But Cinematic TikToks have arrived somewhat rapidly, tapping into the innate pop culture knowledge of teenagers everywhere. They are a generation that has spent years with access to every piece of content imaginable. That has left a mark, one they farm within themselves to create content that often even they can’t explain. It’s a feeling, it’s a vibe. It reminds them of someone else’s work, or a movie they saw. They don’t know what to call it. It just is.
Recently, 17-year-old Jimmy Dickantone also created a cinematic TikTok that went viral. Titled “An Endless Struggle for Perfection,” Jimmy filmed himself rapidly rehearsing Chopin’s ‘Fantaisie Impromptu’, the scatterbrain swarm of piano-keys acting as the perfect soundtrack as Jimmy stares at the camera mouth agape, then away from it, then at a picture tilted to its side on a wall.
It is, like the works of @lastmanstanlee before it, nonsensical. But that doesn’t mean you don’t feel something while watching it.
Dickantone says he was inspired by creators like @lastmanstanley, but didn’t have anything specific in mind when he started making the video. He cites his biggest influence as director Wes Anderson – specifically in the film ‘The Grand Budapest Hotel’.
“I personally find them interesting,” he says, as we discuss the latest genre to take over the app. “I think it’s becoming so popular because of the nature of the platform itself.”
“I’m sure many creators enjoy and want to direct films, and as an application TikTok is an easier way to get your work known due to its seemingly random algorithm, allowing anybody to make a video with the potential to be viral. They’re also really interesting to think about, and serve as a mini-movie or thought experiment amidst all the chaos that is the majority of the content on the app.”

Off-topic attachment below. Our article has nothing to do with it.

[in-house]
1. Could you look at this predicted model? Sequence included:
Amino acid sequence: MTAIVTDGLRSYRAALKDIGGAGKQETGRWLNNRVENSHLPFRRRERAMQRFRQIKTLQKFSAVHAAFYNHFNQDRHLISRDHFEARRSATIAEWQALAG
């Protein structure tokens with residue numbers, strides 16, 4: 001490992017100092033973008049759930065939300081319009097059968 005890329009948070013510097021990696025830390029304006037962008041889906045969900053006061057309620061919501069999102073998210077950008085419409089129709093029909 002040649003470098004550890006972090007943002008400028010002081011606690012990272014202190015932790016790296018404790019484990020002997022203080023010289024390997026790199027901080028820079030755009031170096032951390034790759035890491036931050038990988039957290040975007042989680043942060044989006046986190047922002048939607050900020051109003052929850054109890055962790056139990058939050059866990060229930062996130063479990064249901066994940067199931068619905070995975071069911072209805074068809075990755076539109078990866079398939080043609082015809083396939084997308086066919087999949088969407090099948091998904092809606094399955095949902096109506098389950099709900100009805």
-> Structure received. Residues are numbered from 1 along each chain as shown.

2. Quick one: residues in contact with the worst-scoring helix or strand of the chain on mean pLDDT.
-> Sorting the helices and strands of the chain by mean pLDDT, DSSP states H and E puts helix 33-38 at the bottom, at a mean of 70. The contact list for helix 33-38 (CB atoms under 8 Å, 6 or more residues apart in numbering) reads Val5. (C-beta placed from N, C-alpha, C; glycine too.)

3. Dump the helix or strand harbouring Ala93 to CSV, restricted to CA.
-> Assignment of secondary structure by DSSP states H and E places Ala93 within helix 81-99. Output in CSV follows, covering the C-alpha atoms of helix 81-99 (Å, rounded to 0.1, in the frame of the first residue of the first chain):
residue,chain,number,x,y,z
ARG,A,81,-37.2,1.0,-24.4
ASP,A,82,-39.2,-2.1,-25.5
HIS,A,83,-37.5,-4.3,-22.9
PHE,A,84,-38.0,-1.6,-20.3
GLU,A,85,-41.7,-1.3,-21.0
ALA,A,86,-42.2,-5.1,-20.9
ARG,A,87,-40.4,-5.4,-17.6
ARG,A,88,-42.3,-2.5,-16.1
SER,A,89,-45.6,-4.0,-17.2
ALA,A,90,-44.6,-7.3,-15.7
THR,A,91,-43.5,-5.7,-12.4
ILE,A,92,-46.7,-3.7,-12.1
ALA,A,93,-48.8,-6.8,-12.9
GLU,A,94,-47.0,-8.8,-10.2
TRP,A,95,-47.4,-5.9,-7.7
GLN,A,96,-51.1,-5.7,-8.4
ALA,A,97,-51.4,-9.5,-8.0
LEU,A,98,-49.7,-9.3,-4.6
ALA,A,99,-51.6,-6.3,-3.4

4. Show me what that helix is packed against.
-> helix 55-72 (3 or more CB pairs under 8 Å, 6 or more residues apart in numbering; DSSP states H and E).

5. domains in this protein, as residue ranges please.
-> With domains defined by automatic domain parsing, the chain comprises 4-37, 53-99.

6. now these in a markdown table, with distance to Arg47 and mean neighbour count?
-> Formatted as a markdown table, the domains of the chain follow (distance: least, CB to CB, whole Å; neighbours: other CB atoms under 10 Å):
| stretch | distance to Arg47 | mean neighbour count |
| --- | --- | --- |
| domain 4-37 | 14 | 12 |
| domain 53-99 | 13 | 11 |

Alexandra Heller-Nicholas is a film critic and academic from Melbourne, Australia. She says it would be far too lazy to dismiss these videos as moving selfies, and draws comparisons between cinematic TikToks and film academic Tom Gunning’s Cinema of Attractions: the idea that spectacle and sensation in early cinema usurped narrative.
“He says the cinema of attractions is based on ability to ‘show’ something,” said Heller-Nicholas. “It’s ‘an exhibitionist cinema’.”
“I’m not saying these kids are all subconsciously experts in early cinema, but the legacy can be felt today. It’s in the air.”
The DIY aspects of TikTok also play into the spirit of early filmmaking, of new wave, of avant garde and experimental. “I think that as spectators we’re so aware that we’re watching a ‘made’ thing,” says Heller-Nicholas, “and the low budgets at stake (with TikTok) provide a contemporary echo of less formal filmmaking traditions.”
Cinematic TikTok is the natural progression of millions of creative young people being told to try things. It is the end result of teenagers having exposure not just to endless content, but increasingly interesting and transforming ways to express them.
Facebook, Twitter, Snapchat, Tiktok – there is a gentle arc rising upwards, engaging users in the same ways, but making their involvement easier. But it all comes from one influence, a meme that trickles all the way down, easily replicated. Easier access to content has, in turn, created a generation that finds creating content easier.
Cinematic TikTok, like hashtag challenges and lip-syncing before it, will hit its ceiling – but only when it has been replaced by something better.